Amelanchier spp. (serviceberry), Heptacodium miconioides (seven son flower), Kolkwitzia amabilis (beautybush), Calycanthus floridus (Carolina allspice), Sambucus canadensis (American elderberry), Sambucus pubens (American red elderberry), Lonicera dioica (red honeysuckle), Lonicera involucrata (twinberry), Stephanandra incise (cultleaf stephanandra) Viburnums (Viburnum spp. – V. acerifolium, V. lentago, V. rafinesquianum, V. trilobum), the ninebarks (Physocarpus opulifolius), and the dogwoods (Cornus spp. – C. alternifolia, C. racemosa, C. sericea) can also be alternatives.
Go to Box 10.
10 Should the plant species be enforced as a noxious weed to prevent introduction &/or dispersal; designate as prohibited or restricted?    
10A Is the plant currently established in Minnesota? Yes. Go to Box 10B.
10B Does the plant pose a serious human health threat? No. Go to Box 10C.
10C Can the plant be reliably eradicated (entire plant) or controlled (top growth only to prevent pollen dispersal and seed production as appropriate) on a statewide basis using existing practices and available resources? No.
The plant is a widespread woody species which is expensive and labor-intensive to control. It likely cannot be controlled on a statewide basis.
List as a Restricted Noxious Weed.

References:

Allan, B.F., H. P., Dutrac, L. S. Goessling, K. Barnett, J. M. Chase, R. J. Marquis, Genevieve Pang, Gregory A. Storch, Robert E. Thach, and John L. Orrock. 2010.  Invasive honeysuckle eradication reduces tick-borne disease risk by altering host dynamics. Proceedings National Academy of Sciences, vol. 107 (43) 18523–18527.

Barnes, W.J. and G. Cottam. 1974. Some autecological studies of the Lonicera x bella complex. Ecology. 55: 40-50.

Batcher, M. S. and S. A. Stiles. 2000. Element Stewardship Abstract for Lonicera maackii Maxim (Amur honeysuckle), Lonicera morrowii A. Gray (Morrow’s honeysuckle), Lonicera tatarica (Tatarian honeysuckle), Lonicera x bella Zabel (Bell’s honeysuckle), The Bush honeysuckles. Accessed May 29, 2014.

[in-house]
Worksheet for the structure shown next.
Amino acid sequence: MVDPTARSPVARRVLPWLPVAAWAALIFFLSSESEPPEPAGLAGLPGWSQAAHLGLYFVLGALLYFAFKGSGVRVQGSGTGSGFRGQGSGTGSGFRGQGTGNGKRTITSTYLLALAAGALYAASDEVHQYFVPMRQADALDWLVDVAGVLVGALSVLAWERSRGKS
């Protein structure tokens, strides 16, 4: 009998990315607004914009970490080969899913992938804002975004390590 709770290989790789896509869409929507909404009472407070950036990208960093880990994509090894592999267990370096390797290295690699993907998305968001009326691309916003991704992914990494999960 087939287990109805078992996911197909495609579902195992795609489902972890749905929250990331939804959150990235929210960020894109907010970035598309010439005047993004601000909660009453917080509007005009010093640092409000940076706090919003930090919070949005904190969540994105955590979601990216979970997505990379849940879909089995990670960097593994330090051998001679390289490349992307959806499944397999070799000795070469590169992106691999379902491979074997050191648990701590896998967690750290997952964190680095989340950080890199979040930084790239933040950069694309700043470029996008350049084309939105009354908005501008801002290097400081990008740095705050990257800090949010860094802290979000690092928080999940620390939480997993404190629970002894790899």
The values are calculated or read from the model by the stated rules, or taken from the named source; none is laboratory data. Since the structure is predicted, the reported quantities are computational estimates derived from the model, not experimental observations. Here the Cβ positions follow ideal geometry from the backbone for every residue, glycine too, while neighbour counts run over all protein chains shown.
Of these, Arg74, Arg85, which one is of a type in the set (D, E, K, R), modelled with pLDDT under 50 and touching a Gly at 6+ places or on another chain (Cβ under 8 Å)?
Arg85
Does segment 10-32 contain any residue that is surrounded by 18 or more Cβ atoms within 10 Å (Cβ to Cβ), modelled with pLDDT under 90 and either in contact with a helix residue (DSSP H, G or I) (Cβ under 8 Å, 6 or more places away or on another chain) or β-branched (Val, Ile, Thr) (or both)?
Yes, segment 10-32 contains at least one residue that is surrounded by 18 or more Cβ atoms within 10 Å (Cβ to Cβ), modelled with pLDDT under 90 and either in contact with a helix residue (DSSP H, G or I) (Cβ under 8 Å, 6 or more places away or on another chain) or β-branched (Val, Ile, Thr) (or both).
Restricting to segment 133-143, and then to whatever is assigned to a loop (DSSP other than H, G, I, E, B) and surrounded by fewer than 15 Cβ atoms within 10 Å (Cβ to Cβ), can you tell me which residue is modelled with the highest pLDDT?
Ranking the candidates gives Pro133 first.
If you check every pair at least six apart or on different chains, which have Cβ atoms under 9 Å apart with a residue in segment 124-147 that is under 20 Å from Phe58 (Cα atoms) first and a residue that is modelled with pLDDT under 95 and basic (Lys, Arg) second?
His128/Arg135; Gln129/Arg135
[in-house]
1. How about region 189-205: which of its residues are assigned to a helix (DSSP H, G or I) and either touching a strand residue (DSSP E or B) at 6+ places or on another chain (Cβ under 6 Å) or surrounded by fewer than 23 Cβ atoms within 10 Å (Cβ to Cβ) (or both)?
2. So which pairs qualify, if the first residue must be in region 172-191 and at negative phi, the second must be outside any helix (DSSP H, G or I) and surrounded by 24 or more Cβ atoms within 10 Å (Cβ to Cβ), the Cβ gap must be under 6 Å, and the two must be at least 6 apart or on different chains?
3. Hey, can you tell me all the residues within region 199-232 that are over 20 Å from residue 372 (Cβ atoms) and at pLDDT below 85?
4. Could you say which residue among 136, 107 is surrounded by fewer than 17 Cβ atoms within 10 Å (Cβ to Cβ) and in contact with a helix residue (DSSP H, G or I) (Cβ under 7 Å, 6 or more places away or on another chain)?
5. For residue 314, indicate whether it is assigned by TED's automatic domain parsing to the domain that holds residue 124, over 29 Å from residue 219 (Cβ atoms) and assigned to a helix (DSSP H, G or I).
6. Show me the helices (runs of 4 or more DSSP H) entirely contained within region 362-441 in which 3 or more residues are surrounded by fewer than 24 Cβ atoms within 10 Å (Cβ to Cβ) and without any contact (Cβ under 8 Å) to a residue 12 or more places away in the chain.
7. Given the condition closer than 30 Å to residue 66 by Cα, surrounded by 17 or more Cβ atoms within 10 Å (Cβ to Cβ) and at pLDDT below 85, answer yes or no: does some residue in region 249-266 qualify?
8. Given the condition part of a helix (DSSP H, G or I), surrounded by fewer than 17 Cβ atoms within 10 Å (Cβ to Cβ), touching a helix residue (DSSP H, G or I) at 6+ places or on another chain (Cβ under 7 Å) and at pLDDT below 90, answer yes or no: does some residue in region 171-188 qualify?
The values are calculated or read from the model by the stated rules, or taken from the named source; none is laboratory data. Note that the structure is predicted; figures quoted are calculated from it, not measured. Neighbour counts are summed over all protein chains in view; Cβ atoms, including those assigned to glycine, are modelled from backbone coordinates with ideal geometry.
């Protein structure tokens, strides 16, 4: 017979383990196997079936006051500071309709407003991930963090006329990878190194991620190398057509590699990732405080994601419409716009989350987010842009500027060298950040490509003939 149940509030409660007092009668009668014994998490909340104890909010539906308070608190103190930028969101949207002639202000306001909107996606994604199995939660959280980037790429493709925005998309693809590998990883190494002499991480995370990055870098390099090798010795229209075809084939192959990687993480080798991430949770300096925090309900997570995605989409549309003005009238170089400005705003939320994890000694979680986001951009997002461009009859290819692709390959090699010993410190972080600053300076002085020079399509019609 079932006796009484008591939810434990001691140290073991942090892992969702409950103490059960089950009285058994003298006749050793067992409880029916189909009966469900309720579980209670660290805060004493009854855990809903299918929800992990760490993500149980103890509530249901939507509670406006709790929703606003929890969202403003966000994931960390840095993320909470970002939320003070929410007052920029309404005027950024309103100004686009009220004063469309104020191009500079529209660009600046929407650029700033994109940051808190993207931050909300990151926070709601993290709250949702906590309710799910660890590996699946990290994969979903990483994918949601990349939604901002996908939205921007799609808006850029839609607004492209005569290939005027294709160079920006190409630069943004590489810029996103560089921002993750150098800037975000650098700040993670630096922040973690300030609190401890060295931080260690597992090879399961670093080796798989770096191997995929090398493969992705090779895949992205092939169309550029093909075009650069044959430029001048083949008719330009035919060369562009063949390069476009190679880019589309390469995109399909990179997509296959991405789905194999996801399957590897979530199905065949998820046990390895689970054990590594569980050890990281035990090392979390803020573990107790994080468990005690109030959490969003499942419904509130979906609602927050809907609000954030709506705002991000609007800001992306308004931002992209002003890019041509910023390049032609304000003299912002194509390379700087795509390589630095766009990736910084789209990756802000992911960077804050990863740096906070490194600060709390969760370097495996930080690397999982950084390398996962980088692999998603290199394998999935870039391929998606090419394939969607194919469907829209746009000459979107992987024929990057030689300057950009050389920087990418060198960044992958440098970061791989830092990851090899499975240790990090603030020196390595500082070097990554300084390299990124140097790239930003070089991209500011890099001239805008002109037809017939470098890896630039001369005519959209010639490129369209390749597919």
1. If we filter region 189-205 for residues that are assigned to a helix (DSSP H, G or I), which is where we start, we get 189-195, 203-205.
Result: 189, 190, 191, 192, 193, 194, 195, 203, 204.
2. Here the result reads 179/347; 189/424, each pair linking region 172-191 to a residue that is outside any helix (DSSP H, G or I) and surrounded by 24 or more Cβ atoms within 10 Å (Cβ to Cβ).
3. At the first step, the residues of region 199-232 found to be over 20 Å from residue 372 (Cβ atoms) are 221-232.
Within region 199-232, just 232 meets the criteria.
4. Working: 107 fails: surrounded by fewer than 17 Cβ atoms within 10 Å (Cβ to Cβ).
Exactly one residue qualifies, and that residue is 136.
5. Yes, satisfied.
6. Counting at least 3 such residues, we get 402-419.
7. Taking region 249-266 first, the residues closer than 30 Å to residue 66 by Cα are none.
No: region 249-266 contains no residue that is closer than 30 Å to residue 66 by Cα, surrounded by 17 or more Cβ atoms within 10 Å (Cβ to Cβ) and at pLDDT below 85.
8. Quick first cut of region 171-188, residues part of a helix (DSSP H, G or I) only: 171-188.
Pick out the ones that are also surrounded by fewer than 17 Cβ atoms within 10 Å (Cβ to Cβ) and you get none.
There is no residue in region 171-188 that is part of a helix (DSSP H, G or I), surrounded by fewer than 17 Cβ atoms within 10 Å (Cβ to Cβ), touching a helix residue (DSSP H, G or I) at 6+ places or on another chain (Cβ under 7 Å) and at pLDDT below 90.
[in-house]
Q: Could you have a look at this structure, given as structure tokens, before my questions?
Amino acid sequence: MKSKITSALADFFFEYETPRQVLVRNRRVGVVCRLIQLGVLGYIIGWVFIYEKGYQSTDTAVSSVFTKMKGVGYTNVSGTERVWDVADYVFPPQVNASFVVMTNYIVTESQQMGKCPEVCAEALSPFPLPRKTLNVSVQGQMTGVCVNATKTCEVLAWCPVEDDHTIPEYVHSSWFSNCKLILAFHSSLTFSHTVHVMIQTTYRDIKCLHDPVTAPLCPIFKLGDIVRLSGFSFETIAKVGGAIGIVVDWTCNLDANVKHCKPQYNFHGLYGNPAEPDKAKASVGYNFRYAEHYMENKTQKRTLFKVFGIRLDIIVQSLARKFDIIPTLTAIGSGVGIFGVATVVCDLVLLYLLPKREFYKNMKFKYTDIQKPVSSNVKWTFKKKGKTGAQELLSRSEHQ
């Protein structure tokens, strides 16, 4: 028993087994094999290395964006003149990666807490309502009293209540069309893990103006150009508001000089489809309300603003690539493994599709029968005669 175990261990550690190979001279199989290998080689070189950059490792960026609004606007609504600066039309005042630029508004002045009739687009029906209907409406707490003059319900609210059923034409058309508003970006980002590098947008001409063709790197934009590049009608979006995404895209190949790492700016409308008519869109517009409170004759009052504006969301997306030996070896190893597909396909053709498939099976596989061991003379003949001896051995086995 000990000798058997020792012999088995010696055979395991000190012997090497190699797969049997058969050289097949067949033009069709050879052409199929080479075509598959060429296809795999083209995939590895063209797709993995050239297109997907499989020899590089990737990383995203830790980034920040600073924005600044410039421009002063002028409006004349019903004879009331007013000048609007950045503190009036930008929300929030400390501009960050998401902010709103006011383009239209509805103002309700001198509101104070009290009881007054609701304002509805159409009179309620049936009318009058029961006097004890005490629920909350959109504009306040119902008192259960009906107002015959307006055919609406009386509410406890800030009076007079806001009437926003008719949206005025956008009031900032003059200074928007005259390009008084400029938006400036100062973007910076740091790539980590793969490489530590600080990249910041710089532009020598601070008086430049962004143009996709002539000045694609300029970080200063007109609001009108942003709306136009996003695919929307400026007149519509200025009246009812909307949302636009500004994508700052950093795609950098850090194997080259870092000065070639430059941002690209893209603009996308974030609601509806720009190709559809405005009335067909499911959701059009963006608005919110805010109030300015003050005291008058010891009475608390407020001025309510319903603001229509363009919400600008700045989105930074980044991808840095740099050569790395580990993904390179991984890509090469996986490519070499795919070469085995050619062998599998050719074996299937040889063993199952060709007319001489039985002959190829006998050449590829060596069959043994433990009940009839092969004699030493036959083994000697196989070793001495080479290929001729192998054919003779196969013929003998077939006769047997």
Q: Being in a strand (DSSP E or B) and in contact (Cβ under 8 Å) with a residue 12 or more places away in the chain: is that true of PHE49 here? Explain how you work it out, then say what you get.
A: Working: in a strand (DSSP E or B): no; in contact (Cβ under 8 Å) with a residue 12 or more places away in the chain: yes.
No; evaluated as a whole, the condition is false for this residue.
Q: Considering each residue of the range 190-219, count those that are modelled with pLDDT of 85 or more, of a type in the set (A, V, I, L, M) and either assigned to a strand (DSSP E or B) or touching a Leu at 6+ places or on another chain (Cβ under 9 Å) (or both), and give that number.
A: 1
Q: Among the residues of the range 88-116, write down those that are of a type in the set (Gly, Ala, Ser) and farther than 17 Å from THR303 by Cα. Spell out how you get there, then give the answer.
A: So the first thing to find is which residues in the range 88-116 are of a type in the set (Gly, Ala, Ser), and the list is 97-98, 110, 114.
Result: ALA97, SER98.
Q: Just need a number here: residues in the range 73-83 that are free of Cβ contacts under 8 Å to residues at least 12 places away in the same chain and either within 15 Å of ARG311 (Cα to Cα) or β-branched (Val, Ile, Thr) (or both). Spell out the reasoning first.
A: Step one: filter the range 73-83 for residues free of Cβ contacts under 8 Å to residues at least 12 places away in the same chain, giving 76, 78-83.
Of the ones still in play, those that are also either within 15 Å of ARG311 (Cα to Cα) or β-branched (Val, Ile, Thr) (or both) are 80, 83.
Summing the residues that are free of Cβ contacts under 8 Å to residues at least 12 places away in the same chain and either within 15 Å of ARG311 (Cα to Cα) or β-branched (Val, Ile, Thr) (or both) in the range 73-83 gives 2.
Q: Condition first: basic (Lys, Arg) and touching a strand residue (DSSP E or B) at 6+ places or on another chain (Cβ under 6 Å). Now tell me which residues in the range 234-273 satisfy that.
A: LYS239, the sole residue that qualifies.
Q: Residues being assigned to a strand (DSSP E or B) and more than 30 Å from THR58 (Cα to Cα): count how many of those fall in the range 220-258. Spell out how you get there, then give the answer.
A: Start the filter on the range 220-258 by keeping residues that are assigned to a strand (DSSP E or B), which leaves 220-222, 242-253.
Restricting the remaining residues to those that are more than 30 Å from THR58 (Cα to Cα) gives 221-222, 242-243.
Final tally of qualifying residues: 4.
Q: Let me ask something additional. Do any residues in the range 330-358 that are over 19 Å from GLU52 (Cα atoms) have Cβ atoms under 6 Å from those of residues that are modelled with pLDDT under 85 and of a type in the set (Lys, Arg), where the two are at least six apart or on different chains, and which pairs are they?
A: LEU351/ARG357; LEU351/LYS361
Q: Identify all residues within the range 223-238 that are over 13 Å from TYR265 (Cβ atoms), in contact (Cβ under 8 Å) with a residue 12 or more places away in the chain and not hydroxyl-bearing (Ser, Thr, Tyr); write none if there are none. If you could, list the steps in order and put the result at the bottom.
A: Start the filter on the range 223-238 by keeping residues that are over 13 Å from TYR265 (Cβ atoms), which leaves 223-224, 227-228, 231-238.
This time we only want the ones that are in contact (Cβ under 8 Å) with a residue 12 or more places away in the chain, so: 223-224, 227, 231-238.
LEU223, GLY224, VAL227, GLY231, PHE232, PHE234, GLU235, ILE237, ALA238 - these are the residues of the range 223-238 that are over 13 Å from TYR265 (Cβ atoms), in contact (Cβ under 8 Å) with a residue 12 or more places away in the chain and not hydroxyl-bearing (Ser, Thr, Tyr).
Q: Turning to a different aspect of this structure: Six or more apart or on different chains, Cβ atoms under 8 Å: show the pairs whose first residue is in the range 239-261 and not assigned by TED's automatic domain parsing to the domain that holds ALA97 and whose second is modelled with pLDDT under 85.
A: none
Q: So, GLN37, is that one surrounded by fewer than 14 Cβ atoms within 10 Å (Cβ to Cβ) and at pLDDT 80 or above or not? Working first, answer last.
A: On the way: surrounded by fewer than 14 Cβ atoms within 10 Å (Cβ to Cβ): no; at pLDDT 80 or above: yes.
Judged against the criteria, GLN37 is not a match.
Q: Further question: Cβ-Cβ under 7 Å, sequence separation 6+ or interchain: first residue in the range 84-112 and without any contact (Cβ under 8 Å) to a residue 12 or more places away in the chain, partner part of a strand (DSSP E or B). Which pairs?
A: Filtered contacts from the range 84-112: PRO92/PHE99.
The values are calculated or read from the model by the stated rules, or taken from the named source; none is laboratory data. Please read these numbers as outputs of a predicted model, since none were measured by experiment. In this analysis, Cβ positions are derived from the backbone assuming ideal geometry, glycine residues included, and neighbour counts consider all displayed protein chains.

Boyce, R. L., S. N. Brossart, L. A. Bryant, L. A. Fehrenbach, R. Hetzer, J. E. Holt, and B. Parr. 2014. The beginning of the end? Extensive dieback of an open-grown Amur honeysuckle stand in northern Kentucky, USA. Biological Invasions DOI 10.1007/s10530-014-0656-7. Published online Feb 16, 2014.

Drummond, B. A. 2005. The selection of native and invasive plants by frugivorous birds in Maine. Northeastern Naturalist 12(1): 33-44.

EDDMapS. 2014. Early Detection & Distribution Mapping System. The University of Georgia - Center for Invasive Species and Ecosystem Health. Accessed May 14, 2014.

McCusker, C. E., Ward, M. P., and Brawn, J. D. 2010. Seasonal responses of avian communities to invasive bush honeysuckles (Lonicera spp.). Biological Invasions 12:2459–2470.

Munger, G. T. 2005. Lonicera spp. In: Fire Effects Information System. U.S. Department of Agriculture, Forest Service, Rocky Mountain Research Station, Fire Sciences Laboratory (Producer). Accessed May 7, 2014.

Nature Serve 2014. Nature Serve Explorer: Lonicera tatarica. Accessed May 29, 2014.

Schulte, L. A., E. C. Mottl, and B. J. Palik. 2011. The association of two invasive shrubs, common buckthorn (Rhamnus cathartica) and Tartarian honeysuckle (Lonicera tatarica), with oak communities in the midwestern United States. Canadian Journal of Forest Resources 41: 1981–1992.

Stephens, H. A. 1973. Woody plants of the North Central Plains. Lawrence, KS: The University Press of Kansas. 530 p.

Webster, C. R., Jenkins, M. A., and Jose, S. 2006. Woody invaders and the challenges they pose to forest ecosystems in the Eastern United States. Journal of Forestry 104 (7): 366-374.

Wisconsin Department of Natural Resources. 2007. Lonicera tatarica Literature Review. Accessed May 29, 2014.

Woods, K. D. 1993. Effects of Invasion by Lonicera tatarica L. On Herbs and Tree Seedlings in Four New England Forests. American Midland Naturalist 130 (1): 62-74.